Some 400 properties in Rapid City will soon be "re–zoned" a flood plain.
That's if the Rapid City Council complies with the Federal Emergency Management Agency, or FEMA's new regulations.
People living in the areas on Nebraska, East Centennial and East Mead streets are fighting the change.
The newly drawn floodplain would raise insurance costs and possibly lower property values.
"We looked for a really long time when we bought this house," said homeowner Jamie Heymans. "We probably looked at 100 houses and so to finally find the one that we love and have this news dealt to us is a little tough."
Insurance agents say flood policies would cost homeowners between $350 and $400 for the first year or two if they purchase insurance before the "re–zone" goes into effect on June 3rd.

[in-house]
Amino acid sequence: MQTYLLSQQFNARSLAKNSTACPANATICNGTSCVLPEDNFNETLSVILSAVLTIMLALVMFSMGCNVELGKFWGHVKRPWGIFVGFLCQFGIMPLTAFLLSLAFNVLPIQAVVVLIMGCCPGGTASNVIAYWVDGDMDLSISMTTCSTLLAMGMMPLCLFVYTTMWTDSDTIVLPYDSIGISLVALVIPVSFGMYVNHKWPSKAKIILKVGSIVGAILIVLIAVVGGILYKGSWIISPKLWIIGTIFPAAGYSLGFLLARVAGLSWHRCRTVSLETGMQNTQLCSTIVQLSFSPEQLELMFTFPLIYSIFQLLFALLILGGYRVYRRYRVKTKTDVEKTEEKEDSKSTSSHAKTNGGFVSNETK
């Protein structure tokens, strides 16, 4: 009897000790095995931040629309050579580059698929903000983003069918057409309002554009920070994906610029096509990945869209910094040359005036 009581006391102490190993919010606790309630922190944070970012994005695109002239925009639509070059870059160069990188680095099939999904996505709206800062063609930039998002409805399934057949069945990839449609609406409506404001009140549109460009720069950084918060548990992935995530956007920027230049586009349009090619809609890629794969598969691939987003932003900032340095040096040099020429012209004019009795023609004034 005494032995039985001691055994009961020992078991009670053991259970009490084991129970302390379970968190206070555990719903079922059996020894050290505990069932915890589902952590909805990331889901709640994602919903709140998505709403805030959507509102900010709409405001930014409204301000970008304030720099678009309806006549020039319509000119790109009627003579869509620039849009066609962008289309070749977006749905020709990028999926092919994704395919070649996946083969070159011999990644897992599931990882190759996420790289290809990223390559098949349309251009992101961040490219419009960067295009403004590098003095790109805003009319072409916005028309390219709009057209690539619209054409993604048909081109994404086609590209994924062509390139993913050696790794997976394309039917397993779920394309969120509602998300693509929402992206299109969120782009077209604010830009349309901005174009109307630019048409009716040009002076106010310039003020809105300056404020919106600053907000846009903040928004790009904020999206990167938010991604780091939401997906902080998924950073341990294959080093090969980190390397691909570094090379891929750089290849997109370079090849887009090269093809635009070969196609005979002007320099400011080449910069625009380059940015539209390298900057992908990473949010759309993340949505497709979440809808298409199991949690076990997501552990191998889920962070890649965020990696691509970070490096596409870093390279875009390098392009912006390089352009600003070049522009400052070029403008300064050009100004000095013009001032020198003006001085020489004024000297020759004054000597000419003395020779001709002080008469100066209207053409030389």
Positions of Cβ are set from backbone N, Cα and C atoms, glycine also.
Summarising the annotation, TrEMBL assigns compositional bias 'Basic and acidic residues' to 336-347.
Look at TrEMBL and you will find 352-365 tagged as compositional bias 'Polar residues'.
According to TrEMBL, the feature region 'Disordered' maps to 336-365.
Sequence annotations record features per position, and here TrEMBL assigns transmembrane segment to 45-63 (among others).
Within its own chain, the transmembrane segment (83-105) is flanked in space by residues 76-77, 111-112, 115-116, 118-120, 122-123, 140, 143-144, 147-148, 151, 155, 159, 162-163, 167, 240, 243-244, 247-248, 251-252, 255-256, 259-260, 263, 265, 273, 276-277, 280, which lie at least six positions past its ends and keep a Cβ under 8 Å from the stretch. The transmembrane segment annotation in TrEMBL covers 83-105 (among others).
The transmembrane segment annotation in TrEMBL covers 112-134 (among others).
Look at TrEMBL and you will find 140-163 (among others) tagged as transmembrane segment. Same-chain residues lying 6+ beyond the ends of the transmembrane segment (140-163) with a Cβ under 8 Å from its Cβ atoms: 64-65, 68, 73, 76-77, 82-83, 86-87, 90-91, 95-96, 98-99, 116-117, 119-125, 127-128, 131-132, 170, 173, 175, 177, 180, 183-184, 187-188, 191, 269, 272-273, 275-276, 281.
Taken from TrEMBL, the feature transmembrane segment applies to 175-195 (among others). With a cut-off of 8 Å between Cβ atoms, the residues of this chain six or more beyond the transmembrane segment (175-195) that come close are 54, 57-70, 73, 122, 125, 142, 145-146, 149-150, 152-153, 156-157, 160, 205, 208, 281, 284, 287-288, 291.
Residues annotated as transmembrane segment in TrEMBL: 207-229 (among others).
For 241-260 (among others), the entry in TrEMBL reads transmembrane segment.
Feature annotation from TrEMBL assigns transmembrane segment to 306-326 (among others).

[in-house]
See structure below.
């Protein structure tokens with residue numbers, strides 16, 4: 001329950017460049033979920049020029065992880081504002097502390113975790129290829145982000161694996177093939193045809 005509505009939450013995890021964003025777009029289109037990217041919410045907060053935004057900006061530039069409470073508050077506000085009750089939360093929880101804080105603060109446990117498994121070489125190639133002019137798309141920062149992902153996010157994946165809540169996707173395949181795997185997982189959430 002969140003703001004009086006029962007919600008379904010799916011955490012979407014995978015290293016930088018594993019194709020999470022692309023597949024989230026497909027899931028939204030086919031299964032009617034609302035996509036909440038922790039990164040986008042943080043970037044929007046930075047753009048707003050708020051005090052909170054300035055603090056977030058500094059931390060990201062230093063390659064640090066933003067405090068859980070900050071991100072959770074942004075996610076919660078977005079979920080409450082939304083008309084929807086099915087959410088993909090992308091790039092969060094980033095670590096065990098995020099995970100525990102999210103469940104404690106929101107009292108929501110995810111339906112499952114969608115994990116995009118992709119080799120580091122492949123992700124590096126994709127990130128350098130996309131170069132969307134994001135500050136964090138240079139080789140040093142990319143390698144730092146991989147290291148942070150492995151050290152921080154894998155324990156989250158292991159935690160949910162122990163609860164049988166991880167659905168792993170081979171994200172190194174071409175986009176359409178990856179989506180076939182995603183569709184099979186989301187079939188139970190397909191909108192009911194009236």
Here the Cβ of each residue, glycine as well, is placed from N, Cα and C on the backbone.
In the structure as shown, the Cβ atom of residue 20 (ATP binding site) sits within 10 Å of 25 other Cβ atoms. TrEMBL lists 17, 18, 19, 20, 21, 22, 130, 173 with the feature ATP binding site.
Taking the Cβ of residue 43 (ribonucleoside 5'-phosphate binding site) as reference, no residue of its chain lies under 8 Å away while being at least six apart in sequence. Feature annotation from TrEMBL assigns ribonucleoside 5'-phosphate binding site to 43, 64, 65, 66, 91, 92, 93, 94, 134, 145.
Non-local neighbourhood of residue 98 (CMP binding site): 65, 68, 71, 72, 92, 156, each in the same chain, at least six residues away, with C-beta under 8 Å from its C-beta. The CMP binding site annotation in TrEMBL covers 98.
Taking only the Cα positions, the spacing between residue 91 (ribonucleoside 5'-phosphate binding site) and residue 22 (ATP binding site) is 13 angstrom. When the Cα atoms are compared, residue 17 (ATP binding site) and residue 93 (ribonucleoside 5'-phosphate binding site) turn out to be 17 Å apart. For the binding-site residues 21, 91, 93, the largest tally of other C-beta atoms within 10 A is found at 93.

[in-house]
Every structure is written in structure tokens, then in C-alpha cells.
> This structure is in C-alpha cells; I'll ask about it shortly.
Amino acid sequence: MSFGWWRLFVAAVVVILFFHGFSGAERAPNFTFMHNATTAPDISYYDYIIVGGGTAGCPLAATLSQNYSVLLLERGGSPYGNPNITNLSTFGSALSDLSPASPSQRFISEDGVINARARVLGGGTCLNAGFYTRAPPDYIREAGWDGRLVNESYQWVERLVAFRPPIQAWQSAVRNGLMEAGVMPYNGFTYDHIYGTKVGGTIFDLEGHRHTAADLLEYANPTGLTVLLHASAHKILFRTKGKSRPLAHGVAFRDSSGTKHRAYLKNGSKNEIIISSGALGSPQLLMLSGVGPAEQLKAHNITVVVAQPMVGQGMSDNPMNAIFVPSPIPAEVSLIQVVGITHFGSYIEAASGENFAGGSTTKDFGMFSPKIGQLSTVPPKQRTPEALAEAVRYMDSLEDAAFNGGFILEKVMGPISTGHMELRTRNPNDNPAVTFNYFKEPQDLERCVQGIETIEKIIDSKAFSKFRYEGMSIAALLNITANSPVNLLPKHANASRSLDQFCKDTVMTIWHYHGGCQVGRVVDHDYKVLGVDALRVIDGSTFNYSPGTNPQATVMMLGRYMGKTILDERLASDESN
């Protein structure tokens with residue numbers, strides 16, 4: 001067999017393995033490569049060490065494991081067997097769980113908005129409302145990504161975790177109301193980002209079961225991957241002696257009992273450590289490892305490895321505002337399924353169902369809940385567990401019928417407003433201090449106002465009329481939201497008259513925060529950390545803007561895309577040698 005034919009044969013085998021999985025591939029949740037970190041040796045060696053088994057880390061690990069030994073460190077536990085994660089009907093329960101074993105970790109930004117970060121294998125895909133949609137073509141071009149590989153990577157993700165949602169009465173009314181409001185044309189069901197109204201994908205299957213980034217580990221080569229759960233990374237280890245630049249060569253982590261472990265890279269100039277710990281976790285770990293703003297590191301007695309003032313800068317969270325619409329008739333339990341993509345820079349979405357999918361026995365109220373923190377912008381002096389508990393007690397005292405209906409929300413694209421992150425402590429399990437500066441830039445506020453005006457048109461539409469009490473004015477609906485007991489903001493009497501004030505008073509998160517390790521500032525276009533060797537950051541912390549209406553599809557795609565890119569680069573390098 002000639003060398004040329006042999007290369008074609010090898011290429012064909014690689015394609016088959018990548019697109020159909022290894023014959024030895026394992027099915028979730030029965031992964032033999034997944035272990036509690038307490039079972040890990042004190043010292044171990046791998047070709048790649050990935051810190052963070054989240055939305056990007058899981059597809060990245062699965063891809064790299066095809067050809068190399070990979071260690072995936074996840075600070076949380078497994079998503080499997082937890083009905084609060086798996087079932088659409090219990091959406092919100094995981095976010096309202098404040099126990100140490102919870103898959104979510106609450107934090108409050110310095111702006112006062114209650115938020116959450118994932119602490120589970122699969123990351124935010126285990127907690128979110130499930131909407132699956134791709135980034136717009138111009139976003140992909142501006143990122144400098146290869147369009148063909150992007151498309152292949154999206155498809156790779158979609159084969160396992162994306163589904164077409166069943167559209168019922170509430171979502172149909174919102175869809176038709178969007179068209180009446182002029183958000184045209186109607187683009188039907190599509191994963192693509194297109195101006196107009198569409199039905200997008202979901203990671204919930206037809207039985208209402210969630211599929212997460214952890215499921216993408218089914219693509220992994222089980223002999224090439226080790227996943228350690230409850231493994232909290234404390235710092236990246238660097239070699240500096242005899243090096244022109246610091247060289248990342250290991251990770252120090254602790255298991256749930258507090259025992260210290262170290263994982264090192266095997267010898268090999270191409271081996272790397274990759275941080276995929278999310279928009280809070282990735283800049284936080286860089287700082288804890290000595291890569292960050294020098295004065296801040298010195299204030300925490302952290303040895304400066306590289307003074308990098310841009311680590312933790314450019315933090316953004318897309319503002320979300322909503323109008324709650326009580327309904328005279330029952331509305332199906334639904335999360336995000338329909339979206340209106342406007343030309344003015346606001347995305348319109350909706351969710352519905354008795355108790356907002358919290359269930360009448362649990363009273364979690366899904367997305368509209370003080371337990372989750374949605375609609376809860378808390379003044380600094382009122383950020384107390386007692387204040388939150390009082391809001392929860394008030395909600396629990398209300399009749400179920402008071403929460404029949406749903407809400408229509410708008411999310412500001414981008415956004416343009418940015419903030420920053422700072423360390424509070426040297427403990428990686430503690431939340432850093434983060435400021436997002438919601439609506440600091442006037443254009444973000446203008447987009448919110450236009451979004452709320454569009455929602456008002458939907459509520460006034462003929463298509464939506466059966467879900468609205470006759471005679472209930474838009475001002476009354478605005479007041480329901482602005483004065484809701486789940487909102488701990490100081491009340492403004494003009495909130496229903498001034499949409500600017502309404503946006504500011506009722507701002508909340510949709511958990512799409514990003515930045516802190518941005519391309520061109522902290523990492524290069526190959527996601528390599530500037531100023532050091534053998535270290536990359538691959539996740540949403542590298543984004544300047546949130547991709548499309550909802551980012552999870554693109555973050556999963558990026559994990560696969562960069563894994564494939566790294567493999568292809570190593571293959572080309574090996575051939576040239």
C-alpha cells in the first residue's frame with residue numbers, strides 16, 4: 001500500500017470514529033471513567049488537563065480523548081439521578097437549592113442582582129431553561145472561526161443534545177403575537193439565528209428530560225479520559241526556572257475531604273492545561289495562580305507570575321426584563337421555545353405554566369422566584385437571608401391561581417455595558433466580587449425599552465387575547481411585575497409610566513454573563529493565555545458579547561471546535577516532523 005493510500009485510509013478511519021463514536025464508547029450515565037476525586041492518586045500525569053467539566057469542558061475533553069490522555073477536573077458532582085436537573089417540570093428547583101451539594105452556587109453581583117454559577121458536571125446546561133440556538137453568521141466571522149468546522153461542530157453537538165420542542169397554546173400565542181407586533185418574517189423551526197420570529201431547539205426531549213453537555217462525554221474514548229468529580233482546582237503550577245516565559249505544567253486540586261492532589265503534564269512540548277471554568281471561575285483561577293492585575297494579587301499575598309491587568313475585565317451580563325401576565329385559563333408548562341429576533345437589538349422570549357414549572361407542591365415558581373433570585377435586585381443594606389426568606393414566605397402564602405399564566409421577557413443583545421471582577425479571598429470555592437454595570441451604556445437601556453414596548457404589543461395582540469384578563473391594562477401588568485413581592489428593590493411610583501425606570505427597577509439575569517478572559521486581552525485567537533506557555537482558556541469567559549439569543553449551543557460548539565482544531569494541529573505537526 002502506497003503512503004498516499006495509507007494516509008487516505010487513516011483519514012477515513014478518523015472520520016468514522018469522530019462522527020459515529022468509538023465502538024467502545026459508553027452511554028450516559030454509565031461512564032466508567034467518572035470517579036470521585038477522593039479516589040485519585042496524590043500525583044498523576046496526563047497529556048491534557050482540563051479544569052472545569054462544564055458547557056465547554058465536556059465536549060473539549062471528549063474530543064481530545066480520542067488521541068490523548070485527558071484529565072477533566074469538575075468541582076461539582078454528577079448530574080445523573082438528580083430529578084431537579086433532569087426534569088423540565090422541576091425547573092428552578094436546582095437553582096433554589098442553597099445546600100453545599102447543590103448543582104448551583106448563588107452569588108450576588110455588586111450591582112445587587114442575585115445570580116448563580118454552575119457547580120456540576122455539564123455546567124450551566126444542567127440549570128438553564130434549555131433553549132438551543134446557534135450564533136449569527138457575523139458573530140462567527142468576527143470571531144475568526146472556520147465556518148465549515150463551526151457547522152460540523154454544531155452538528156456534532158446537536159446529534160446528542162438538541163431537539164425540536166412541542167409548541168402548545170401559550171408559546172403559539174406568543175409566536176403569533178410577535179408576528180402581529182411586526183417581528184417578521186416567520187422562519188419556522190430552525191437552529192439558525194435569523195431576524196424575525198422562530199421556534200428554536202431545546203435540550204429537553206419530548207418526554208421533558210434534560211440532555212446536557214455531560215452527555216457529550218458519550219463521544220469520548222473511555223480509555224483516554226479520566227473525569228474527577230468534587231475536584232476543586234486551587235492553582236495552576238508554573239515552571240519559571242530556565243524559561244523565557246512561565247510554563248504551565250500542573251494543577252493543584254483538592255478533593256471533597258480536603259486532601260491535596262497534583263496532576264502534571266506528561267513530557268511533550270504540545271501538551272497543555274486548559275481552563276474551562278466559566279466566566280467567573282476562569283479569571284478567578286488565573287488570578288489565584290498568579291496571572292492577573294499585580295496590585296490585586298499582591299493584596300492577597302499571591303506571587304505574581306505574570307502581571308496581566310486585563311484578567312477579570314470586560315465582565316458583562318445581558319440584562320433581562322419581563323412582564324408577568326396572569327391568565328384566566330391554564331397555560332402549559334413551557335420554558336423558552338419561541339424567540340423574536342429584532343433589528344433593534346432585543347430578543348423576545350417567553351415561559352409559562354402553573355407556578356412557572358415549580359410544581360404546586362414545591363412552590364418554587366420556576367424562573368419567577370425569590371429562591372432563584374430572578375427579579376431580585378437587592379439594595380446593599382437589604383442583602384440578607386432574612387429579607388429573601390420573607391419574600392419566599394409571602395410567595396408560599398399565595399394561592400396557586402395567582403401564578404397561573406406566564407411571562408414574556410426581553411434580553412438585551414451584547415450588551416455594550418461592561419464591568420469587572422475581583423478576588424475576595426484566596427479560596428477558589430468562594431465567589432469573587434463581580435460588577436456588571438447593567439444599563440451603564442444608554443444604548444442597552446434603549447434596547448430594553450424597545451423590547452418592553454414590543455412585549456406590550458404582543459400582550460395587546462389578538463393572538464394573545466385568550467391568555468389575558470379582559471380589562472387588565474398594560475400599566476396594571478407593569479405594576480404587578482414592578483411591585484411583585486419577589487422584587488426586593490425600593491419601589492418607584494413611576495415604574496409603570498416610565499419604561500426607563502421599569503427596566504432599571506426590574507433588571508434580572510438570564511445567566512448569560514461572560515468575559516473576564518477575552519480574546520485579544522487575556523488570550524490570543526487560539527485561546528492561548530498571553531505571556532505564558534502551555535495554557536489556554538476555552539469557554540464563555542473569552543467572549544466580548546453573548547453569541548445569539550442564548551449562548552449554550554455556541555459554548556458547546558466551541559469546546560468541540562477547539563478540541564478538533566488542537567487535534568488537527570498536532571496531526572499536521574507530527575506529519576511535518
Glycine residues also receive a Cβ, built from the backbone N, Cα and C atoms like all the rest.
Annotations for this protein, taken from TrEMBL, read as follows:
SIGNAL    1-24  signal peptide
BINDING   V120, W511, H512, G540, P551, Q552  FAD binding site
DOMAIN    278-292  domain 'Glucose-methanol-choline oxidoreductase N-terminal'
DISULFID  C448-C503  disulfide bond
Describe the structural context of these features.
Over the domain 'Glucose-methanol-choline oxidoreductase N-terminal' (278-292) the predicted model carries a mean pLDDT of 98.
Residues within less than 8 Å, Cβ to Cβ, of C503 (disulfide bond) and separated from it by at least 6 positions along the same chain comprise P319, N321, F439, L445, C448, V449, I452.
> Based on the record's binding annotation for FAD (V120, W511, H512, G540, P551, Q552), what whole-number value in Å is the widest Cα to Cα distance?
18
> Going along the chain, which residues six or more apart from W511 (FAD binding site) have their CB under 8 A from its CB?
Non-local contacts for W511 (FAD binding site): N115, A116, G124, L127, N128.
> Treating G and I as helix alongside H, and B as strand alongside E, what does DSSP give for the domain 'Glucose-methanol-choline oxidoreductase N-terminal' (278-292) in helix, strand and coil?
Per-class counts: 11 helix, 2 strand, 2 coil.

After what agents call a "grandfather" period, costs could go up to $1,500 or more.
Homeowners in the affected areas are looking to the city for help with elevation certificates and installment of a drain ditch.
"They allowed this neighborhood to be built here without ever doing any kind of look into whether it's in a flood plain or not," said homeowner Tonia Fischer. "And it came six, seven years after a major flood. Why? Why wasn't something done?"
City Council members say they really don't have a choice but to adopt FEMA's new policy, otherwise Rapid City stands to lose FEMA funding if a disaster strikes the area.